Largest Contentful Paint (LCP) measures how fast the largest element in the viewport of a page loads. Depending on the page, this might be an image, video, or text.
LCP homes in on what the reader truly values when it comes to page load and page speed. It’s a good indicator of perceived load speed — how long it takes the page to load from the viewpoint of your reader.
In the past, metrics like DOMContentLoaded, Time to First Byte (TTFB), and First Contentful Paint have all attempted to put numbers around this moment in user experience, but they fall short of being able to accurately measure what the user is seeing on their screen.
So what might affect a page’s LCP score? Let’s take a look…
Elements that are considered for LCP
LCP looks at the elements that load above-the-fold, so that narrows down our search to the top of the page.
According to Google, the following above-the-fold page elements can be used for your LCP score:
- <img> elements
- <image> elements inside an <svg> element
- An element with a background image loaded via the url() function (as opposed to a CSS gradient)
- <video> elements (if specified, the poster image is used to measure LCP)
- Block-level elements that contain text nodes or other inline-level text elements children
If your head is spinning from that technical jargon, not to worry! There are some simple ways to address LCP that DON’T require you to dive into the code on your page.
The short & sweet version: above-the-fold images, background images, videos, and complex text blocks can contribute to LCP, so keep them optimized.
What causes poor LCP?
- Heavy or poorly optimized full-screen image downloads
- The order for loading content isn’t optimized
- Delays earlier in the page-load lifecycle, such as
- Slow server response times
- Client-side rendering
- Slow resource load times
- Applying main content images as background images
How to measure and assess your LCP score
You can measure LCP with a variety of tools. Our guide to Core Web Vitals measurement tools looks at each of these in detail and shares what kind of data they offer.
Tip: Start in Google Search Console to assess the big picture LCP issues your site is experiencing. Search Console will show you an aggregate score for your entire site which can help you prioritize overall issues before looking at individual pages one-by-one.
In terms of LCP scores, you want to aim for a load time of less than 2.5 seconds to be classified as “good” by Google. Slower than 4 seconds results in a “poor” score.
Room for improvement? First identify the issues affecting LCP.
To improve your LCP scores, first you’ll need to identify what’s causing issues, so you know what changes to make on your site. The testing tools and results can get into the technical weeds, so if you’re less tech-savvy this might be a great time to hand over the reins to your developer to help optimize.
Here are some common issues and recommended improvements:
Slow server response times? Optimize your server, use a CDN, cache your site’s assets, serve HTML pages cache-first, and establish third-party connections early.
Slow-loading resources? Optimize your images, preload resources, and compress text files.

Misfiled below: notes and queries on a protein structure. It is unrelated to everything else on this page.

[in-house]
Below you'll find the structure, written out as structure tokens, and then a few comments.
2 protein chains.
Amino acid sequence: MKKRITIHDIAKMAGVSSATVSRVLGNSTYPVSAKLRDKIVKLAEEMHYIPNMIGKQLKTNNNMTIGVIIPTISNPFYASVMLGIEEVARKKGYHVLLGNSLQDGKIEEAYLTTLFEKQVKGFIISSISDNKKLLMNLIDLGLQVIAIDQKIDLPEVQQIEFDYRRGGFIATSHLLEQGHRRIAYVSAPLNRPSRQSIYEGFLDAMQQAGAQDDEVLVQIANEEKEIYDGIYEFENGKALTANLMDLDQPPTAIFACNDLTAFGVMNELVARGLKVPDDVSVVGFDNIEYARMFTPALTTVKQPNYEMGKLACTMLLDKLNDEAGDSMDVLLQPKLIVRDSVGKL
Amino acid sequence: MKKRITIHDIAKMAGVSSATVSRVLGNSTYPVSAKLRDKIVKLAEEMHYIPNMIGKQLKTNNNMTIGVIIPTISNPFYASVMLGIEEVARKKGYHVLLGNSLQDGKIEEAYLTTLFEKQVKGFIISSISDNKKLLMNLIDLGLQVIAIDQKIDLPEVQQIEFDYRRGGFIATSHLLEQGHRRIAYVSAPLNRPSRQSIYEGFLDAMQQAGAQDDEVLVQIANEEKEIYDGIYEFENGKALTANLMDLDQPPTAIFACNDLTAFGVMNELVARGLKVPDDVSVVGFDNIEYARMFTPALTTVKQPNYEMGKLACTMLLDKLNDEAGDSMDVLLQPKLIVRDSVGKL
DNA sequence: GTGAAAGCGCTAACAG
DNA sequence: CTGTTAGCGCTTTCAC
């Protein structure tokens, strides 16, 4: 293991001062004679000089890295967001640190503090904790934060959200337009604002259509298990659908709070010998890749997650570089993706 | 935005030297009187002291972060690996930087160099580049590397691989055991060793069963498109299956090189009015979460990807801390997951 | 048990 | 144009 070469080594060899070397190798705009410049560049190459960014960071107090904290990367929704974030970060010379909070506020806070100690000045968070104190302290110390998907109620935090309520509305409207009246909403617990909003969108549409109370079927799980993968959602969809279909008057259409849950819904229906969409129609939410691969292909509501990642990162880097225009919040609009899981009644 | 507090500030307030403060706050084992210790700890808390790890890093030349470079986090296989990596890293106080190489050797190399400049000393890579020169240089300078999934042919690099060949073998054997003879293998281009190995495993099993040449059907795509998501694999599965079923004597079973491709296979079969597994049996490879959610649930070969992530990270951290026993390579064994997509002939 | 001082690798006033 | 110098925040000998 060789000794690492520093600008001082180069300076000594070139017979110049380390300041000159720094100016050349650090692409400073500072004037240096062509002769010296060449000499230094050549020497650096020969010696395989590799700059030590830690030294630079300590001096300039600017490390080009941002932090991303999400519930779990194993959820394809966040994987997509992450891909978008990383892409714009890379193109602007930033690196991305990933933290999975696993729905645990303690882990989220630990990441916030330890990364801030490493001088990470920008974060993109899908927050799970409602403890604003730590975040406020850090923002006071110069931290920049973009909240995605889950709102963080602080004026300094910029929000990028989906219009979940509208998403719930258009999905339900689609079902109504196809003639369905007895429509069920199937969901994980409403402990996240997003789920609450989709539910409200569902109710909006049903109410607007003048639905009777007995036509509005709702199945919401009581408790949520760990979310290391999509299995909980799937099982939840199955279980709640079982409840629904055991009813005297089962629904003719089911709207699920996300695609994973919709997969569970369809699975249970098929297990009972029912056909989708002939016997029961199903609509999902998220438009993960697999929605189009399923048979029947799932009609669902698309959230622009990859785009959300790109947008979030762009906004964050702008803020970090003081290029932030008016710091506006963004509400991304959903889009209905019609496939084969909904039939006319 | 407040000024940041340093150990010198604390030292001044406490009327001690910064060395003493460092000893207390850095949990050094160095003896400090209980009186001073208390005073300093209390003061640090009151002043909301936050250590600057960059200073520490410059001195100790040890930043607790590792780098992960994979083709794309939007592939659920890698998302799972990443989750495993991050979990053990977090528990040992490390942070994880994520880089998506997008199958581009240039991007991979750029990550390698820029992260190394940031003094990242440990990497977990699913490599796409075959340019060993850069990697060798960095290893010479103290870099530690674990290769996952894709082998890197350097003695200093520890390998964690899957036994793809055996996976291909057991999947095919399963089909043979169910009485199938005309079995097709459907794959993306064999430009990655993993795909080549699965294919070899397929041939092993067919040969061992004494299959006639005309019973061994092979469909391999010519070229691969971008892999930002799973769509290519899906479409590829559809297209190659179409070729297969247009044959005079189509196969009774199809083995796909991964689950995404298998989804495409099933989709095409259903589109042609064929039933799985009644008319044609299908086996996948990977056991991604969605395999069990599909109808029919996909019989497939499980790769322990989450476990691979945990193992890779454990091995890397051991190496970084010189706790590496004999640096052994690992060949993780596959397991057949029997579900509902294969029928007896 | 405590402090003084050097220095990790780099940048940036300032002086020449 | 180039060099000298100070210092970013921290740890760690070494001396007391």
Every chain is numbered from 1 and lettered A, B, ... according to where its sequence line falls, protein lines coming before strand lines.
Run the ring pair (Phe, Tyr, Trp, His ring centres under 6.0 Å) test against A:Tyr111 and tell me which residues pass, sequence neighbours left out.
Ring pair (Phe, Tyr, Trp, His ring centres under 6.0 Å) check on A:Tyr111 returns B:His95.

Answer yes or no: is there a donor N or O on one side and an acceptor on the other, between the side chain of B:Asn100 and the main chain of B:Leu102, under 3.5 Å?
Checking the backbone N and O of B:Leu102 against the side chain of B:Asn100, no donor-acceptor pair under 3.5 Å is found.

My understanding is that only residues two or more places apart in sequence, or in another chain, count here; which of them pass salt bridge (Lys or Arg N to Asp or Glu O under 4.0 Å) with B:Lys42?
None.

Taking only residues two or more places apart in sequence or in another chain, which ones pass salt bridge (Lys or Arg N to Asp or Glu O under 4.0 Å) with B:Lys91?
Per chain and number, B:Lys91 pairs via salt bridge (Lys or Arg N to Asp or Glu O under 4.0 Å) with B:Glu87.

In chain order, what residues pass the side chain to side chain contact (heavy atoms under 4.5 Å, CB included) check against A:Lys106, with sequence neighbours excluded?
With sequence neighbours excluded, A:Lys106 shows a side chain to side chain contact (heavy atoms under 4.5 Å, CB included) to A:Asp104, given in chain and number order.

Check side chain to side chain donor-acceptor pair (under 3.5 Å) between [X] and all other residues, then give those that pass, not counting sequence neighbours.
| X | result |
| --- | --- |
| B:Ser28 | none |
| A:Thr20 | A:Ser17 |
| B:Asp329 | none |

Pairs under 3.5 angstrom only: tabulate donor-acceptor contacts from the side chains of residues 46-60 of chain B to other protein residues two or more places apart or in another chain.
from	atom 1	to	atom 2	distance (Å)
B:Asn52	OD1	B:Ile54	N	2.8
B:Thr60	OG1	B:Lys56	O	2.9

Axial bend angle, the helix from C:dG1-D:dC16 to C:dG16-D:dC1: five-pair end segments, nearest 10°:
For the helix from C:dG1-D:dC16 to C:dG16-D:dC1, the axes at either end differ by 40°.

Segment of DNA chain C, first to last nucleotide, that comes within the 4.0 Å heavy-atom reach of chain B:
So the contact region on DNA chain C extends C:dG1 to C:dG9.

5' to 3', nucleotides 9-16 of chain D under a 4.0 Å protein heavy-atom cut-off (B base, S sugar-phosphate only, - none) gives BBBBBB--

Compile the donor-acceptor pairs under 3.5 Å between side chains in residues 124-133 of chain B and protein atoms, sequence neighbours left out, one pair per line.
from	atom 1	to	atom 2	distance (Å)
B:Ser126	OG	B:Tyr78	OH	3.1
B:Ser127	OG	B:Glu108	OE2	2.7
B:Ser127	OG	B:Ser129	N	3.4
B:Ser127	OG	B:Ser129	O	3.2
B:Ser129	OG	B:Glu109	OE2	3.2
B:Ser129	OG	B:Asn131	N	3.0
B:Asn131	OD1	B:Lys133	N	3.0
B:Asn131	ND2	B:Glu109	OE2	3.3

Getting to “Good”: four steps to improve your LCP score
If your LCP score needs a boost, the good news is that there is plenty you can do to move the needle.
Here’s a handy checklist of resources you can share with your developer to address the various issues that impact LCP.
1. Upgrade your hosting plan
- Look into a better hosting provider and/or plan to improve your site speed overall.
2. Optimize your images
- Compress images before you upload them to your site, or use a plugin that compresses images when you upload them
- Serve images in WebP format (as opposed to PNG or JPEG)
- Use responsive images and size your images correctly
Check out this article that has tips for image optimization!
3. Improve slow server response times
- Optimize your server
- Route users to a nearby CDN
- Cache assets
- Serve HTML pages cache-first
- Establish third-party connections early
4. Clean up your script
- Remove any unnecessary third-party scripts (for example, blogging network badges with built-in tracking)
- Minify your CSS
- Defer non-critical CSS
- Inline critical CSS
- Minimize unused polyfills
This Google guide breaks these down further into actionable steps!
Dig deeper on LCP:
- Google Web.Dev | Optimize Largest Contentful Paint
- Shay Toder | How to Improve LCP – Largest Contentful Paint
- Nolte | Improving LCP in WordPress: Part 1, Part 2
- Backlinko | Core Web Vitals
Your Core Web Vitals roadmap
Knowledge is power! Start here:
Dig deeper to understand each metric and why it’s important for user experience:
- What is Largest Contentful Paint (LCP)? [You are here!]
- What is First Input Delay (FID)?
- What is Cumulative Layout Shift (CLS)?
Benchmark your site’s Core Web Vitals so you understand your starting position:
Make a step-by-step plan to improve Core Web Vitals:
- Your four-step playbook for diagnosing and improving Core Web Vitals
+ a handy one-sheet to go over with your developer or host
Tackle low-hanging fruit:
- How to choose the right hosting service for a speedy site
- 5 tell-tale signs you’ve outgrown your hosting service
- How a good host can help boost page speed and improve Core Web Vitals + a checklist for hosting optimizations
- Use a CDN to help speed up your site
- 23 optimizations to improve your page speed and Core Web Vitals scores